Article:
October 16, 2007 by bernadiva
I just returned from a quick little trip down to Nuevo Vallarta in the state of Nayarit, Mexico, with a few little trips to the surrounding towns of Sayulita, Bucerias, and Old Puerto Vallarta (in the state of Jalisco). Besides the beautiful sunshine, the warm waters, and the fact that this was my first real vacation in over a year, the most memorable part? The food.
Though our resort was all-inclusive, the hotel’s food was only okay, and we really wanted to eat “real” Mexican food – you know, the kind that the locals eat, the kind that brings the possibility of a raging case of Montezuma’s Revenge. Our first venture was out into a town called Sayulita, located about half an hour away from Nuevo Vallarta on Highway 200. We decided on a little cafe called El Costeno, situated on the beach, and ordered a few dishes. Tacos de pescado (fish tacos), coctel de camarones (shrimp cocktail), quesadillas, ceviche, and fish. The two standouts were the Ceviche de Camarones – shrimp marinated in lime and chiles, and the Huachinango Frito – two whole red snappers, deep fried. Our bill total was about 500 pesos – a little less than $50, including beers, soft drinks, and tip.
Left to right, El Costeno, Whole Fried Red Snapper (Huachinango Frito), Shrimp Ceviche (Tostada de Ceviche de Camarones)
Our next stop, that evening, was the town of Puerto Vallarta, located in the state of Jalisco. By some divine stroke of luck, we found a parking spot right on the main drag, in front of TWO taco stands. We picked the one nearest to the car, Tacos Arturo, and ordered a few tacos each. These were probably the best tacos I have ever had in my entire life – little rounds of fresh corn masa, grilled, topped with your choice of meat (I had ‘adobada’, also known as ‘al pastor’, and chorizo), cilantro, onions, and salsa. Tacos cost 8 pesos (about 75 cents) up to 12 pesos for Cabeza de Res (Lengua – toungue, Sesos – brains, etc.). We washed our tacos down with Coca Cola (made with real sugar, not high fructose corn syrup) and then walked down the street towards the pier.
Left to right, Tacos Arturo, A plate of tacos, Taco de Chorizo (Photos courtesy of Grace Malvar)
First stop: The Casa Cofradia factory store – a tequila shop. They let us taste whatever we wanted to – and each “taste” was a little less than a full shot. About five “tastes” later, and I was a little buzzed. Time to get more food.
Left to right, Casa Cofradia Factory Store, close up of a tequila bottle, many many tequila bottles (Photos courtesy of Grace Malvar)
As we approached the square, the amount of people doubled – it seemed as if everyone and their mother was out that night. At the end of the pier, the five of us stopped and stared: stand after stand of street food – aguas frescas, maiz (corn), hot dogs and fries, ceviche, plantains, tamales – it was like finding Mecca. We started spending our pesos on whatever our hearts desired. The average cost for everything was about 20 pesos per item (just a little less than $2). The ceviche was amazing, the roasted corn was nice and smoky, and I think I had the most delicious horchata EVER that night. After our binge on food there, we headed back towards the car and ordered a bunch of tacos to take back to our hotel. I got all bold (I think it was the tequila) and ordered a taco de sesos – cow brains. I ate half of it and gave the rest to my friend, who laughed at me when she saw the expression on my face. Sesos are not for everyone.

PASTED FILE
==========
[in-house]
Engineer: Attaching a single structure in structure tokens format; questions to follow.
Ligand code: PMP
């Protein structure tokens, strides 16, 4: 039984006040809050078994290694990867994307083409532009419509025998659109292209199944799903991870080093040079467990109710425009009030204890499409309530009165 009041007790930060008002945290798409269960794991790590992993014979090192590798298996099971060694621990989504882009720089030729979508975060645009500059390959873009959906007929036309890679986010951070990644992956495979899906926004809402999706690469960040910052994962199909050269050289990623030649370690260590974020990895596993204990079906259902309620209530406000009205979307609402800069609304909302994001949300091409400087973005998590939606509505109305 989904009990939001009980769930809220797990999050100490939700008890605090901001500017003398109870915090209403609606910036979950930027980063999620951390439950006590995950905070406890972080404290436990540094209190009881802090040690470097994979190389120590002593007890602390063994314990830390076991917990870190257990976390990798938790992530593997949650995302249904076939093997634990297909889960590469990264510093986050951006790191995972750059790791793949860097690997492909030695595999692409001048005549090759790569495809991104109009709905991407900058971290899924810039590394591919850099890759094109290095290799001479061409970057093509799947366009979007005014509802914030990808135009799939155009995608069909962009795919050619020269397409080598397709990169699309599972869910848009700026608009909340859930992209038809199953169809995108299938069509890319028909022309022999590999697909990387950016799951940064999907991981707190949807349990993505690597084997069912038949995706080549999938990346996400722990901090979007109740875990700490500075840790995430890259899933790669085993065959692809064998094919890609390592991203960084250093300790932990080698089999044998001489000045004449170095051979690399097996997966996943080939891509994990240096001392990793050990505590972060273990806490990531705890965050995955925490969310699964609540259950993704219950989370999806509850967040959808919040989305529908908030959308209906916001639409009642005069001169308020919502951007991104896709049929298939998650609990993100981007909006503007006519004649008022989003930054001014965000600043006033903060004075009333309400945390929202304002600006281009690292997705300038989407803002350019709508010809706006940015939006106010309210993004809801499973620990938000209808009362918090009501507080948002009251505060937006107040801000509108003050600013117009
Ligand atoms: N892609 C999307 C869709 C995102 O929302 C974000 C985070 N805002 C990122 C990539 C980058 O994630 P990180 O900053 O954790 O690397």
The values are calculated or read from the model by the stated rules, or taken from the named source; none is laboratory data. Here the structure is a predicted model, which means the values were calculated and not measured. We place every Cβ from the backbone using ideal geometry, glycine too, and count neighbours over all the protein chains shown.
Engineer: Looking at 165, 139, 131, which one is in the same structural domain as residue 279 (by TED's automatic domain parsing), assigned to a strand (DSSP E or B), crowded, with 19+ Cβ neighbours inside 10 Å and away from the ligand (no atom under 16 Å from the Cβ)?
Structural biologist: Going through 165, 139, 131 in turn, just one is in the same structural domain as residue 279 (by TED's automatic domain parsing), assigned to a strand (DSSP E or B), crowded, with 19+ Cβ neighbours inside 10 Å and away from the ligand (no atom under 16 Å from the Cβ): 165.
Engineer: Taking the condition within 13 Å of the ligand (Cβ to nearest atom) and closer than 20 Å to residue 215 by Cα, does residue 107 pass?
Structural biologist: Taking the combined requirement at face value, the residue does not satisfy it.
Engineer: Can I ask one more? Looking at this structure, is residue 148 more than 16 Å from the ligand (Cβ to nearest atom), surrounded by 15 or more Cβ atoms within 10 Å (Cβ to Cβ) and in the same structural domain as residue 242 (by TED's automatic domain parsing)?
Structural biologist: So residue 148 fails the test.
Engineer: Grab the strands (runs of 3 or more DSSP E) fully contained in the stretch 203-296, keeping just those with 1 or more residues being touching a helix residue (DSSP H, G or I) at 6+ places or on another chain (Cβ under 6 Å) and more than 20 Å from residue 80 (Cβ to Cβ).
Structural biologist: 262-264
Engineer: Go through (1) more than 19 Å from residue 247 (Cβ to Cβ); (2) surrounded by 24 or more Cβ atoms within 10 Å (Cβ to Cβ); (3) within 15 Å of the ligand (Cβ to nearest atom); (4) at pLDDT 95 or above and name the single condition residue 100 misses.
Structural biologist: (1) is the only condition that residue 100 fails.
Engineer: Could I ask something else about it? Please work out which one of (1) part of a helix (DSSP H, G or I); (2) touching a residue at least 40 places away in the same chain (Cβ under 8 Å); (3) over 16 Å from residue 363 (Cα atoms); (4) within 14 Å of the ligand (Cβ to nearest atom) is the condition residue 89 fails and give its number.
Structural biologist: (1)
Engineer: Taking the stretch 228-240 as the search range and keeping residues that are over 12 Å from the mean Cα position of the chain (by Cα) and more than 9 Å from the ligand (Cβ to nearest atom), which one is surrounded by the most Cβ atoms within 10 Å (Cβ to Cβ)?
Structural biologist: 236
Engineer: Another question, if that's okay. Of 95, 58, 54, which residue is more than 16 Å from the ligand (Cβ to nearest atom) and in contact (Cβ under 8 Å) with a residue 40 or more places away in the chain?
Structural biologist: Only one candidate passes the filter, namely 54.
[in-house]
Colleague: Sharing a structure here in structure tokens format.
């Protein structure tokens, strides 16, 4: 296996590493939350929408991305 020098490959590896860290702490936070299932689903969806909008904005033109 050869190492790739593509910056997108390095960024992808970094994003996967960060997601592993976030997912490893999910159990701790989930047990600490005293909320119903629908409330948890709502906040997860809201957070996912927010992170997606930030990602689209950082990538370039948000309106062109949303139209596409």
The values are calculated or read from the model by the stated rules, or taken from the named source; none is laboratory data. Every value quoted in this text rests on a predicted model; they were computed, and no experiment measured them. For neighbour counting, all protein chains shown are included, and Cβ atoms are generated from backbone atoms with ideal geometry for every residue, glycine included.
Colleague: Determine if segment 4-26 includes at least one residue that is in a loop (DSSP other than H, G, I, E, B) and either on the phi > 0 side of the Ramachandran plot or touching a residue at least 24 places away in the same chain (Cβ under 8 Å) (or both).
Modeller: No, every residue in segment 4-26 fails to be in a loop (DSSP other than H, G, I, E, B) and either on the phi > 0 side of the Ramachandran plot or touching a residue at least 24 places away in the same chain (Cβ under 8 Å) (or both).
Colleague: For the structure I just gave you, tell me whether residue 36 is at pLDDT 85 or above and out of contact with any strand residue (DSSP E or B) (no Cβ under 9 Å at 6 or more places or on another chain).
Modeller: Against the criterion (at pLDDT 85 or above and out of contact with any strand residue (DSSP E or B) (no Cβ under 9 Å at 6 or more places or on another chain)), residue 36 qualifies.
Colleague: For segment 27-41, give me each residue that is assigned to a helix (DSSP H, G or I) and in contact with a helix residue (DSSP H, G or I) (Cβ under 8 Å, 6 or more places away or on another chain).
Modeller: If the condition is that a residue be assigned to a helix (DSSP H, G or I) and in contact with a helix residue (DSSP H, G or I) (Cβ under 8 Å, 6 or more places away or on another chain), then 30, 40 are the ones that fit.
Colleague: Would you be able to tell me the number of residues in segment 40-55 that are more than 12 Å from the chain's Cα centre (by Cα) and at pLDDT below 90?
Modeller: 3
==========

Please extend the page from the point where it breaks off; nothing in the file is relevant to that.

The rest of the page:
Left to right, Puerto Vallarta Pier vendor, Fried Plantains, and a giant serving of Ceviche de Camarones (Photos courtesy of Grace Malvar)
Our last taste of real local food was our breakfast in Bucerias. I’d heard of this town in the Los Angeles Times, and it was close enough to our hotel for us to go there and make it back in time to return our rental car. We went to a little cafe in the back of a sort of ‘food court’ (several restaurants sharing a patio). We ordered Huevos al Gusto con Chorizo – a plate of chorizo with scrambled eggs and a side of beans, Birria de Res – a beef soup with lime, cilantro, and onion, and a Machaca burrito – shredded beef and eggs in a flour tortilla. The wait was a little long, but the food was worth every second. You could taste the richness of the beans, which meant they were made in the traditional way – with lard. The corn tortillas were fresh and handmade (you can tell by the irregular shape). Our entire table of five had breakfast (including coffee and aguas frescas) for around $22 USD. I definitely want to visit Bucerias again, since we didn’t get to see much of it except for the cafe.
Left to right, Huevos al Gusto con Chorizo, Birria de Res, and a Quesdilla con Carne Asada (Photos courtesy of Grace Malvar)
After this trip, I don’t think I can eat Mexican food for awhile, just so I don’t ruin the memory of all the flavors for now. I recommend anyone going to Puerto Vallarta to venture out of the resort and go deep into the places where the locals hang out – it’s what real Mexican food tastes like.